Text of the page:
Last week, a giant virus was recovered from the permafrost in northeastern Russia by a French team lead by Dr. Jean-Michel Claverie. The virus, named Mollivirus sibericum, measured in at 0.6 microns (to be classified as "giant" a virus must be at least 0.5 microns). Before "awakening" the virus, Dr. Claverie and his group must determine whether it could pose a threat.
The melting permafrost has been an intensely debated issue for some time. At the end of August, the world's leaders met at the Conference on Global Leadership in the Arctic: Cooperation, Innovation, Engagement and Resilience in Alaska, and scientists strongly advised them to take action in preventing irreversible damage to the permafrost. There's no telling what kinds of dangerous pathogens there are that are waiting to be uncovered as the ancient soil slowly melts after being frozen for thousands of years.
In addition, the melting permafrost exacerbates the looming problem of global warming. Global temperatures continue to increase from the over-utilization of fossil fuels. The global temperature increase only worsens when larger amounts of carbon are released from the melting soil of the permafrost. The soil erodes into the ocean, and the carbon reacts with oxygen in the ocean water, forming CO2 and sending it into the atmosphere (ScienceNordic). This vicious cycle seems to be on the verge of causing irreversible damage to the environment, and many scientists are seeking immediate action to prevent the disastrous consequences of ignoring the problem.
Claverie and his team plan to revive M. sibericum in an experimental host, a single-celled amoeba. So far, the only viruses uncovered from the melting permafrost have not been a threat to humans. These viruses have only been amoeba-infecting. However, the possibility of uncovering dangerous, human-infecting pathogens is still very real. Last year, author and molecular biologist Dr. Christy Esmahan described this chilling potential reality in her science fiction novel, The Laptev Virus.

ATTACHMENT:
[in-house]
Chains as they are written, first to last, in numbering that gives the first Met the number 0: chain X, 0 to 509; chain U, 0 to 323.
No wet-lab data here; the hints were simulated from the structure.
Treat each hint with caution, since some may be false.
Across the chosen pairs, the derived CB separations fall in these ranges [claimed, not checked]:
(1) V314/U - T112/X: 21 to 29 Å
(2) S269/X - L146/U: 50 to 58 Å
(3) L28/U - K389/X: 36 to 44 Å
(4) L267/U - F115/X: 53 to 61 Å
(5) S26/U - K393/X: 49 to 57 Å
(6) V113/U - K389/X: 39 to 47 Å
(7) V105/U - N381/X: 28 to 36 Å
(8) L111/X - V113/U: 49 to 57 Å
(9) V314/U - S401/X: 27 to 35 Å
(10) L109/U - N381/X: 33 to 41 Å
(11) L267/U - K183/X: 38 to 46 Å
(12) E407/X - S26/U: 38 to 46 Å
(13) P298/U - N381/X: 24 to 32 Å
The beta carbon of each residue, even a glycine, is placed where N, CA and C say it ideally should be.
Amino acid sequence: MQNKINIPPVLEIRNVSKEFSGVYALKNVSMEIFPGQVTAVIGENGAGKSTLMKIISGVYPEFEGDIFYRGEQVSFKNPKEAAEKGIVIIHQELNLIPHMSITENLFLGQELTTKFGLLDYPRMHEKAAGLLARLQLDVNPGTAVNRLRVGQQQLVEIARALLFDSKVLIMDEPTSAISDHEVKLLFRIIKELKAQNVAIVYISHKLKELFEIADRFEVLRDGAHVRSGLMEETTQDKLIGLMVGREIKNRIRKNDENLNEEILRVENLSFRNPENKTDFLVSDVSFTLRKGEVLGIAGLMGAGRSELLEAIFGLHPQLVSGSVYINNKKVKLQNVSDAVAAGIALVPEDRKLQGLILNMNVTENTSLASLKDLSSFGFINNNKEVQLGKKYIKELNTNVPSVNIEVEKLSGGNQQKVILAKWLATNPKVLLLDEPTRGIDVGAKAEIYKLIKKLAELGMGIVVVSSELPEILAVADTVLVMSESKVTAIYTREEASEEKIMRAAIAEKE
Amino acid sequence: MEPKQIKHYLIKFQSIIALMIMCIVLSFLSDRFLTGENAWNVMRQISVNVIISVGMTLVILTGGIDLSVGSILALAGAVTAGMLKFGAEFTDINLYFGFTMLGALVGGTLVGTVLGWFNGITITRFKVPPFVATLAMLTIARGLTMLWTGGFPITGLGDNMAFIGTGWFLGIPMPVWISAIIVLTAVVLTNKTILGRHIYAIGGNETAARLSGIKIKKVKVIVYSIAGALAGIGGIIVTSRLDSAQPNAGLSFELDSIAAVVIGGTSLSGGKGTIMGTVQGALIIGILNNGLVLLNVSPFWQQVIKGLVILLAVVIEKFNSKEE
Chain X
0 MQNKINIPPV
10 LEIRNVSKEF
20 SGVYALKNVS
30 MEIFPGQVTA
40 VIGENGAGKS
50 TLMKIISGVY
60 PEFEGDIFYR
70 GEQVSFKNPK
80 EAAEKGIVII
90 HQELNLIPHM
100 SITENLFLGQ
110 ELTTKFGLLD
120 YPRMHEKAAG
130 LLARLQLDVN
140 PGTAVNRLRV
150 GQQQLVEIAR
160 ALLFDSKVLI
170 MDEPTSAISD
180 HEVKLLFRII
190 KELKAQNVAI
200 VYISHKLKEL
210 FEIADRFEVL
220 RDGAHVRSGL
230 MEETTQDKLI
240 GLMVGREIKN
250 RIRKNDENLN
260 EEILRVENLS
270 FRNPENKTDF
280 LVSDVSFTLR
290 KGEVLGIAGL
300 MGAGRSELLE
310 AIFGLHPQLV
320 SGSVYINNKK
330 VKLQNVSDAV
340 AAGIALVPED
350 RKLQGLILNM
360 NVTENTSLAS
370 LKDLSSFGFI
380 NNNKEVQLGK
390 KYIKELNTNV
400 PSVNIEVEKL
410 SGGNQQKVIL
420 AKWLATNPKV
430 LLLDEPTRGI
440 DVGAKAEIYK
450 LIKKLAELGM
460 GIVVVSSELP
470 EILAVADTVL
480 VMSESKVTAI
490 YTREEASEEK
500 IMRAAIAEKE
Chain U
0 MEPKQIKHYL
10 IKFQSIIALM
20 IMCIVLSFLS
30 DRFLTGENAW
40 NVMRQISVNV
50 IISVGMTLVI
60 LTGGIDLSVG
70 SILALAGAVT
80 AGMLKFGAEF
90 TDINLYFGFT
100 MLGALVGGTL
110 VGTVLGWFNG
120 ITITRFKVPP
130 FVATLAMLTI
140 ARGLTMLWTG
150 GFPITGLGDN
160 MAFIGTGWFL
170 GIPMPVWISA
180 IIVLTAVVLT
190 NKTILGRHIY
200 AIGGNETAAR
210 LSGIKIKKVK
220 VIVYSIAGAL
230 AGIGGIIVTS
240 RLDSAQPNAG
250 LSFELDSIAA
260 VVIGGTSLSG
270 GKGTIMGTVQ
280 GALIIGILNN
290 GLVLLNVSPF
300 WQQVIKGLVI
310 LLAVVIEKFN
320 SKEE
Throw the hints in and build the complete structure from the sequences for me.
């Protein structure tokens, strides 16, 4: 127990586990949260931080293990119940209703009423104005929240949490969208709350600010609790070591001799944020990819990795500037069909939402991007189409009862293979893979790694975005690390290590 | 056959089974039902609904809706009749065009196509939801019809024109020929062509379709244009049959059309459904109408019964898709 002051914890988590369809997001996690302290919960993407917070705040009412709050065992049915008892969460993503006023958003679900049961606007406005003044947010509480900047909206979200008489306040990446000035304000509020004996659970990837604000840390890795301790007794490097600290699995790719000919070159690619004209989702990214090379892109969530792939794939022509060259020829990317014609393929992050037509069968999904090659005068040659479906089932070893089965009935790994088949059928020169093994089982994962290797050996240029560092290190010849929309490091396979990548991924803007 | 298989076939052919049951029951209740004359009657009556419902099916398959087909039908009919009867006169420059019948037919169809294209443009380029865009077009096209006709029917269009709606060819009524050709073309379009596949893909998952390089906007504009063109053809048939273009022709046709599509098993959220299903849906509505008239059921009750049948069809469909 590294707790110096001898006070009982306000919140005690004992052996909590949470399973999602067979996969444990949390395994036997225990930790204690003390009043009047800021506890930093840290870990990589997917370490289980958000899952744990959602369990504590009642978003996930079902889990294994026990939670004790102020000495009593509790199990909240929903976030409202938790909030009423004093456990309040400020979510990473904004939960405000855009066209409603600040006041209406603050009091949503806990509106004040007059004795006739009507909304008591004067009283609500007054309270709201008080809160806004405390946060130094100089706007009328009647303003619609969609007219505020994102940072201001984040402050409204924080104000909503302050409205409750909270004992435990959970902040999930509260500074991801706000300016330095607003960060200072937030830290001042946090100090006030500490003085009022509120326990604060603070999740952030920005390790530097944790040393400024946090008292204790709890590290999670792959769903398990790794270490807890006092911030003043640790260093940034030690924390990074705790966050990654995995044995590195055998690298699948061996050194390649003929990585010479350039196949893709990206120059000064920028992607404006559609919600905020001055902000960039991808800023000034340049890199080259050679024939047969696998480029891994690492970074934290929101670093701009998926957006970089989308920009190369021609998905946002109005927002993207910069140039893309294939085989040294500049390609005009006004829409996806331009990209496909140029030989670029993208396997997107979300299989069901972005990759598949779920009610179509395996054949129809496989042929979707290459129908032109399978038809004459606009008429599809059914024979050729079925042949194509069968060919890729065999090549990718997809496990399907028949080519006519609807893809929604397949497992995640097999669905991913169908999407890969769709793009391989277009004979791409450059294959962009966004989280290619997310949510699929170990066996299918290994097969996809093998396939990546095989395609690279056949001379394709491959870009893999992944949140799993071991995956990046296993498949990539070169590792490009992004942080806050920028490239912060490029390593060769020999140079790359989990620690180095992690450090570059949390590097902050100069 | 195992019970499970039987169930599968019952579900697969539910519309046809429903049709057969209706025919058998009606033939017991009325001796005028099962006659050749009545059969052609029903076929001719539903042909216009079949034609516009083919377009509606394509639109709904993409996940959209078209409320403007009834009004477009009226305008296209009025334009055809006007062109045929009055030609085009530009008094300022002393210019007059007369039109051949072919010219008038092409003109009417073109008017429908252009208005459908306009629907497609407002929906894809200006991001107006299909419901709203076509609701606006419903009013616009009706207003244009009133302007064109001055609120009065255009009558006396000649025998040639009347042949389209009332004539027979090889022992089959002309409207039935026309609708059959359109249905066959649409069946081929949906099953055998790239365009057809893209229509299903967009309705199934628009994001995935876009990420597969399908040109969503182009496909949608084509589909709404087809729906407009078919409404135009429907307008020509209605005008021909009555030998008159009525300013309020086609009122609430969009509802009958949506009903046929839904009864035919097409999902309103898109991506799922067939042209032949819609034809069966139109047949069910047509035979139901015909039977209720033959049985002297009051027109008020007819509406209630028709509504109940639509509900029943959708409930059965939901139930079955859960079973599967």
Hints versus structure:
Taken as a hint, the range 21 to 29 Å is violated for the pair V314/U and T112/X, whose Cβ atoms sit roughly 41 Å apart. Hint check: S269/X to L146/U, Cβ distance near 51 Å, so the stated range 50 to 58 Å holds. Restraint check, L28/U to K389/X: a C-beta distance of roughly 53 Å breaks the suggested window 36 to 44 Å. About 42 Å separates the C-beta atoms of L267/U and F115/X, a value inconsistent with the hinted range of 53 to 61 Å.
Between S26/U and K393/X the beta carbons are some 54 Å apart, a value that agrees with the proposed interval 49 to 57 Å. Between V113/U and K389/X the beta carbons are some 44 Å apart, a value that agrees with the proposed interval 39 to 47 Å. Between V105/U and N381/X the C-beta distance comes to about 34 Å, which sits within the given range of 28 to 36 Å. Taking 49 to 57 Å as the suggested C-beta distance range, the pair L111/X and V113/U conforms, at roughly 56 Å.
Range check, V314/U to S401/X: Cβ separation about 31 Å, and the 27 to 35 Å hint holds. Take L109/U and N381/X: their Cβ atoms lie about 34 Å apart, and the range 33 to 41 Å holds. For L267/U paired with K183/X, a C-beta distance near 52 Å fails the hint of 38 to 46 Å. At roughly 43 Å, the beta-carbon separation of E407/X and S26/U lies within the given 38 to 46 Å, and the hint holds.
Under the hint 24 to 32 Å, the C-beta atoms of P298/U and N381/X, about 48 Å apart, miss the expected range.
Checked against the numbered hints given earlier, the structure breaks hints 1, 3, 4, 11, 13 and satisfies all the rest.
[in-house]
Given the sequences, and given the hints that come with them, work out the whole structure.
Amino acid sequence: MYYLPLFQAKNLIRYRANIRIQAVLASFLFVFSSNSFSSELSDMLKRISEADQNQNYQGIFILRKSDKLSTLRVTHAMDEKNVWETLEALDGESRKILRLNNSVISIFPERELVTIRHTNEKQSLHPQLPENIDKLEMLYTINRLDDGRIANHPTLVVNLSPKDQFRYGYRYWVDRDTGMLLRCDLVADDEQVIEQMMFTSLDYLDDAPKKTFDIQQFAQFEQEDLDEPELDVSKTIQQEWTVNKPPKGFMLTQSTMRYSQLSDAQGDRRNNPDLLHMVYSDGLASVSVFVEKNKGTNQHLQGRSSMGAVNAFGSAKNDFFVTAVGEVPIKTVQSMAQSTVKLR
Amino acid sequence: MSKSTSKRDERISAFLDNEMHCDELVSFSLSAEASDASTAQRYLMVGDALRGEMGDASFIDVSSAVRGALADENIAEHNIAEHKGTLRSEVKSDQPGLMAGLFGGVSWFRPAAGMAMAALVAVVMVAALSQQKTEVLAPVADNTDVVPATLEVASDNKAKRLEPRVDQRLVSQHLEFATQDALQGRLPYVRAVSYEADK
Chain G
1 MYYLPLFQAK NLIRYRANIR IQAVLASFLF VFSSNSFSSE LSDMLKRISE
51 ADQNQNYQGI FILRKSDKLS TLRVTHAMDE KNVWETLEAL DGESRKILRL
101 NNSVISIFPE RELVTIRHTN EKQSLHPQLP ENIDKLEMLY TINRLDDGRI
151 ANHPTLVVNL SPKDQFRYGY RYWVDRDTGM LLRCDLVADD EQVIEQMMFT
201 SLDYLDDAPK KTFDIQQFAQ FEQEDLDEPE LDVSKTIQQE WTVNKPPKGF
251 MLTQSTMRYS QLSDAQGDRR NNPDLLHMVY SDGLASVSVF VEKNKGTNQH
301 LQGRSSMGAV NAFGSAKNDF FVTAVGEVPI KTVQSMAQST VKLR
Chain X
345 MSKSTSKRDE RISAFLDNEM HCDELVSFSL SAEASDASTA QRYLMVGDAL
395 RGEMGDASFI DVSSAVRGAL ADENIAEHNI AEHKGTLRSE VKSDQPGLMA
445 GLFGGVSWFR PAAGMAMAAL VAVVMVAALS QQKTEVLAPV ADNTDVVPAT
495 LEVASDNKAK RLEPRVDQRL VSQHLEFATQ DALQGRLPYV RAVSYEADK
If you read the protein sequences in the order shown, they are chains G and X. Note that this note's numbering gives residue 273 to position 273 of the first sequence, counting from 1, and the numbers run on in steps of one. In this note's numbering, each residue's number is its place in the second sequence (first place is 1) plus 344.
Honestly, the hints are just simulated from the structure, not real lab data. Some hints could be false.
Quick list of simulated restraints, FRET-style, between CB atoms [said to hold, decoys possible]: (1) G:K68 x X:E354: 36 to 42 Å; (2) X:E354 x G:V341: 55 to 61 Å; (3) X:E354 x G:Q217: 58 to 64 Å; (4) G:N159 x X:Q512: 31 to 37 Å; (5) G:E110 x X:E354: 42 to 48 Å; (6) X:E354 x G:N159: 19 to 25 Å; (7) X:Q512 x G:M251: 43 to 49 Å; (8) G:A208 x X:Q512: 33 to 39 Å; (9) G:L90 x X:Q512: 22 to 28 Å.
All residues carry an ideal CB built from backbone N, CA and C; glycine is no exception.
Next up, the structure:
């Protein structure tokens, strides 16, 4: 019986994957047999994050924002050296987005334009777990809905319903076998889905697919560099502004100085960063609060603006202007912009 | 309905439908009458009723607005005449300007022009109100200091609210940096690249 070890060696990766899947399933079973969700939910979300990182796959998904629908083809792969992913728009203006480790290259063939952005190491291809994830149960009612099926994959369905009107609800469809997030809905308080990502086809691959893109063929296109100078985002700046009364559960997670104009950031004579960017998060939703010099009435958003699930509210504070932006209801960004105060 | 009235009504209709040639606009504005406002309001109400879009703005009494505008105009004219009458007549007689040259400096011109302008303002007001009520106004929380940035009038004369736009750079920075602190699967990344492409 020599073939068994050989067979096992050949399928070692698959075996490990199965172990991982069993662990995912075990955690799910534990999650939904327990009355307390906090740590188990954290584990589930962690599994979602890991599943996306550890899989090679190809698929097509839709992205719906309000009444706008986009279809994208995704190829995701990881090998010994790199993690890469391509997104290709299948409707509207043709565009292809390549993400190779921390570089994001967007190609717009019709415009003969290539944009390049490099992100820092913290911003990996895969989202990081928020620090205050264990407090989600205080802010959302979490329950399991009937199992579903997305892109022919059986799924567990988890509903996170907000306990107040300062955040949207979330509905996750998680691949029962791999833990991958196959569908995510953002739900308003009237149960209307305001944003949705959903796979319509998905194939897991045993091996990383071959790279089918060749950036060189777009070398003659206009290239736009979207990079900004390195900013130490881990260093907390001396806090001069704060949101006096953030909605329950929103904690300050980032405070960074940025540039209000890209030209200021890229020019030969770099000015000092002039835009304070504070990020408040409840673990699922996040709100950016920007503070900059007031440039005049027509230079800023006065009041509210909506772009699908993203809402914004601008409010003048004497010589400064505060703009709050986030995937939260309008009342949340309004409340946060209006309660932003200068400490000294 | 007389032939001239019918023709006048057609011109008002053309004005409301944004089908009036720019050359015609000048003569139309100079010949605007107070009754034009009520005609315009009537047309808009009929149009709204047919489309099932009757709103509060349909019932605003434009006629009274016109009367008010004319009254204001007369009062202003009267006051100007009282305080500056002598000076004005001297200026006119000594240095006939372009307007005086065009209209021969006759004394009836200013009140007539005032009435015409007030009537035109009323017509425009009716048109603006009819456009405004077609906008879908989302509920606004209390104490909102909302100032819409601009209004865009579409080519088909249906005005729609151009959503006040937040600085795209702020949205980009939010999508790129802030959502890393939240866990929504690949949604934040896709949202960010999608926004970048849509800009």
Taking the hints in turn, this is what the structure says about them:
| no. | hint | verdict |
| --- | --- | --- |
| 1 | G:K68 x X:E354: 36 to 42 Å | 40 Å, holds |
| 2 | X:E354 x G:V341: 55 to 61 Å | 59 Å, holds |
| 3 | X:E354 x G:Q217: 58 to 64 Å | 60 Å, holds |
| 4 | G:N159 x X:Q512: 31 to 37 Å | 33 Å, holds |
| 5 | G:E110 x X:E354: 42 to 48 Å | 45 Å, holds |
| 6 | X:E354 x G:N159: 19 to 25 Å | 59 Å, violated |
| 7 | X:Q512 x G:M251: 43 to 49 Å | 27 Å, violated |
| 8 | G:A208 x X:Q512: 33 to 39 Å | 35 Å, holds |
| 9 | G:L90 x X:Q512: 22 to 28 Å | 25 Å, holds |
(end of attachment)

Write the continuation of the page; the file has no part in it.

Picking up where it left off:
In 2004, the Influenza A virus was uncovered from Alaskan permafrost via frozen lung tissues. American scientists revived this virus carefully in a Centers for Disease Control and Prevention lab. Influenza A, also known as the Spanish Flu, killed millions of people in a 1918 pandemic. This virus has 8 genes; M. sibericum has 500. This vast genetic difference could mean a lot of things. M. sibericum is much more complex than regular, smaller viruses like Influenza A. With more genes, M. sibericum can make more kinds of proteins, and potentially more products to make it much more virulent than other viruses with less genes.
Only time will tell how M. sibericum will behave, if it will stay in its amoeba host or if it proves to be capable of occupying other hosts as well.
Watch the video below to learn more about the melting permafrost and the discovery of Claverie's first giant virus, Pithovirus sibericum.
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